Smart cities still struggle to understand, use oceans of data
June 26, 2017
Technology leaders from several cities say they're concerned with staff education and privacy as their smart city efforts increasingly rely on new streams of data.
Local startup Cityflag wins San Antonio, Texas, as its first American client as the city pursues a new brand of citizen engagement.
Colin Wood is the managing editor of StateScoop. Before that, he was a staff writer for Government Technology magazine. Before that, he taught Engl...
Countless cities have deployed some kind of 311 issue-reporting app or service, but a new partnership announced by the City of San Antonio, Texas, this month is a marker of progress both for the civic tech and smart city communities.
On May 3, the city announced the award of a 311 app contract to local startup Cityflag, which now expects to launch the app this summer. By using social and gamification elements like badges and rewards that will promote citizen engagement with government, the company will seek to support the city's vision — called SmartSA — of a connected, smart city future.
Cityflag works out of Geekdom, the city's tech startup incubator, an indication that in at least one instance, the civic tech space is succeeding both as a means of economic development for local markets and a way for city government to capitalize on emerging talent.
And for years, cities have used 311 apps as a way to crowdsource reporting of public issues like potholes or graffiti, but San Antonio's effort shows how city leaders are expanding their thinking beyond spotting problems and fixing them.
"One of the interesting things is yes, it starts with 311, but it's really a citizen-engagement platform," said city Chief Innovation Officer Jose De La Cruz. "It's a better way for us to engage with our residents."
Among the city's ongoing smart city projects is a two-year pilot project — called SATRIP — to collect real-time traffic data with the goal of improving pedestrian safety and alleviating traffic congestion. City government is also including a wide range of stakeholders — universities, local entrepreneurs, and city utility companies — throughout ongoing discussions via community workshops.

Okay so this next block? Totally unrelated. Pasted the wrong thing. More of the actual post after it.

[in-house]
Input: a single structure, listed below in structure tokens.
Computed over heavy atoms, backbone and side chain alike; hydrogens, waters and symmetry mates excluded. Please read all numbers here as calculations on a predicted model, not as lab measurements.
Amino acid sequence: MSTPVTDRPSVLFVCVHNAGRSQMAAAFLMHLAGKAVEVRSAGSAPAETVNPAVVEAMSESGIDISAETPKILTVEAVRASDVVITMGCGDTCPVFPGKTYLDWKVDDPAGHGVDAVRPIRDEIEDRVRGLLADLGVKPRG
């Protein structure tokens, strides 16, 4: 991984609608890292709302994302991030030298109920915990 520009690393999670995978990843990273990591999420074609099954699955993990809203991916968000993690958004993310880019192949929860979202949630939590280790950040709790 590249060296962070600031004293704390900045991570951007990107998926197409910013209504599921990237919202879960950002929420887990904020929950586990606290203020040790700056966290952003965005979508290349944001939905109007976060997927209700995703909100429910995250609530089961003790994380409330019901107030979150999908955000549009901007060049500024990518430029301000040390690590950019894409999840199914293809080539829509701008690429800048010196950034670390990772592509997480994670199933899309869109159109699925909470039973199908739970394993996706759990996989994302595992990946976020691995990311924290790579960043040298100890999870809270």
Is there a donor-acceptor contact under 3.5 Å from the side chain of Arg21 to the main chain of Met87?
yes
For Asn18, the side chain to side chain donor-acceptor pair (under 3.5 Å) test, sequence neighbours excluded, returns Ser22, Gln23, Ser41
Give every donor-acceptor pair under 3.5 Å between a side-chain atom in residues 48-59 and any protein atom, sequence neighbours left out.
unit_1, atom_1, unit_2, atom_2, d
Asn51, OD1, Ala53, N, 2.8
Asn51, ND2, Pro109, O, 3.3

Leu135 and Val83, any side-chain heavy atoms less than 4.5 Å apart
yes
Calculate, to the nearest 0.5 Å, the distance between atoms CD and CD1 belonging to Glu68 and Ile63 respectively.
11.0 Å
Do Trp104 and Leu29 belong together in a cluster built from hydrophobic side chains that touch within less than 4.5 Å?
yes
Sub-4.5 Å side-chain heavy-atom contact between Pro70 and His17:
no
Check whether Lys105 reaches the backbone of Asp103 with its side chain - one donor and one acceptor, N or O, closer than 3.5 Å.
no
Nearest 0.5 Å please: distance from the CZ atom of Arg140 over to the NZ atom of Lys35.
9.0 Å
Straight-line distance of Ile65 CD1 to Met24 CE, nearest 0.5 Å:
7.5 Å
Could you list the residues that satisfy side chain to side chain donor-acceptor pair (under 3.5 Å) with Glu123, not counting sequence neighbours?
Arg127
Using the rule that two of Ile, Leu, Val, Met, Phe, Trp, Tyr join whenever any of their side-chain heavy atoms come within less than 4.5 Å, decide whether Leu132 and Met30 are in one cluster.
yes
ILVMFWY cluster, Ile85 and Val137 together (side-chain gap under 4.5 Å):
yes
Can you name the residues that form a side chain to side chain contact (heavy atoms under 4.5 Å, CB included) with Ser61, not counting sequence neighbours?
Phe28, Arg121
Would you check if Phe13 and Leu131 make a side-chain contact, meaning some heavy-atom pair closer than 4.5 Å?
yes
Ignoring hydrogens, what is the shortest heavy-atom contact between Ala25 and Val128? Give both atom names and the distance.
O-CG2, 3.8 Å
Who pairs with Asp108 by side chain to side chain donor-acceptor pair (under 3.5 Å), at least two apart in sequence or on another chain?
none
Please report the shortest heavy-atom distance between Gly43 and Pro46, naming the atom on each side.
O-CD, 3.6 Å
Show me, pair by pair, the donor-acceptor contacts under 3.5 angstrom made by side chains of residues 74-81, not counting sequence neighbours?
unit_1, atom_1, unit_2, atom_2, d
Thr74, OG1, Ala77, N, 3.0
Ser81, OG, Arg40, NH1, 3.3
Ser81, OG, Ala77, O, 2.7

The city is using 311 as a way to augment its collaborative smart city projects because it's a such a strong interaction point, De La Cruz said.
"It will give us more data and more location data we can get down to specific areas of town these issues are occurring and think about how we can be more proactive in how we deliver our services," he said.
The contract for the project allows for $22,800 in one-time costs and $6,000 in recurring annual payments to the vendor.
Cityflag is a relative newcomer to the citizen engagement market, joining companies like SeeClickFix, PublicStuff, FixMyStreet, and CitySourced, each of which provide apps and services connecting citizens to their local governments. Cityflag first began offering services in the Mexico City district of Delegación Cuauhtémoc, where the startup received funding and working space through competitions and startup incubators.
San Antonio will be the startup's first American client, where company co-founder and CEO Alberto Altamirano said he wants to build a style of civic engagement not found in other 311 apps. He came to this realization, he said, after talking with civic-minded residents in neighboring Austin, Texas, about the other 311 apps available.
"They wanted more than that. They wanted to engage with their neighbors, they wanted to create consensus around a particular issue, they wanted to have a mutual reference of the things they reported," he said.
Cityflag's 311 app includes social elements like sharing and commenting, as well as gamification elements. Users will get immediate rewards within the app for using it, Altamirano said.
Some cities use real-world rewards like coupons to local restaurants. San Antonio will use digital rewards like badges and ranks.
"They start as 'volunteers' and may end up as 'community representatives,'" he said. "Among that progress, the city may send them a letter from the mayor recognizing their efforts, the city may host them for breakfast with their city councilman, or give them a recognition at a city council meeting."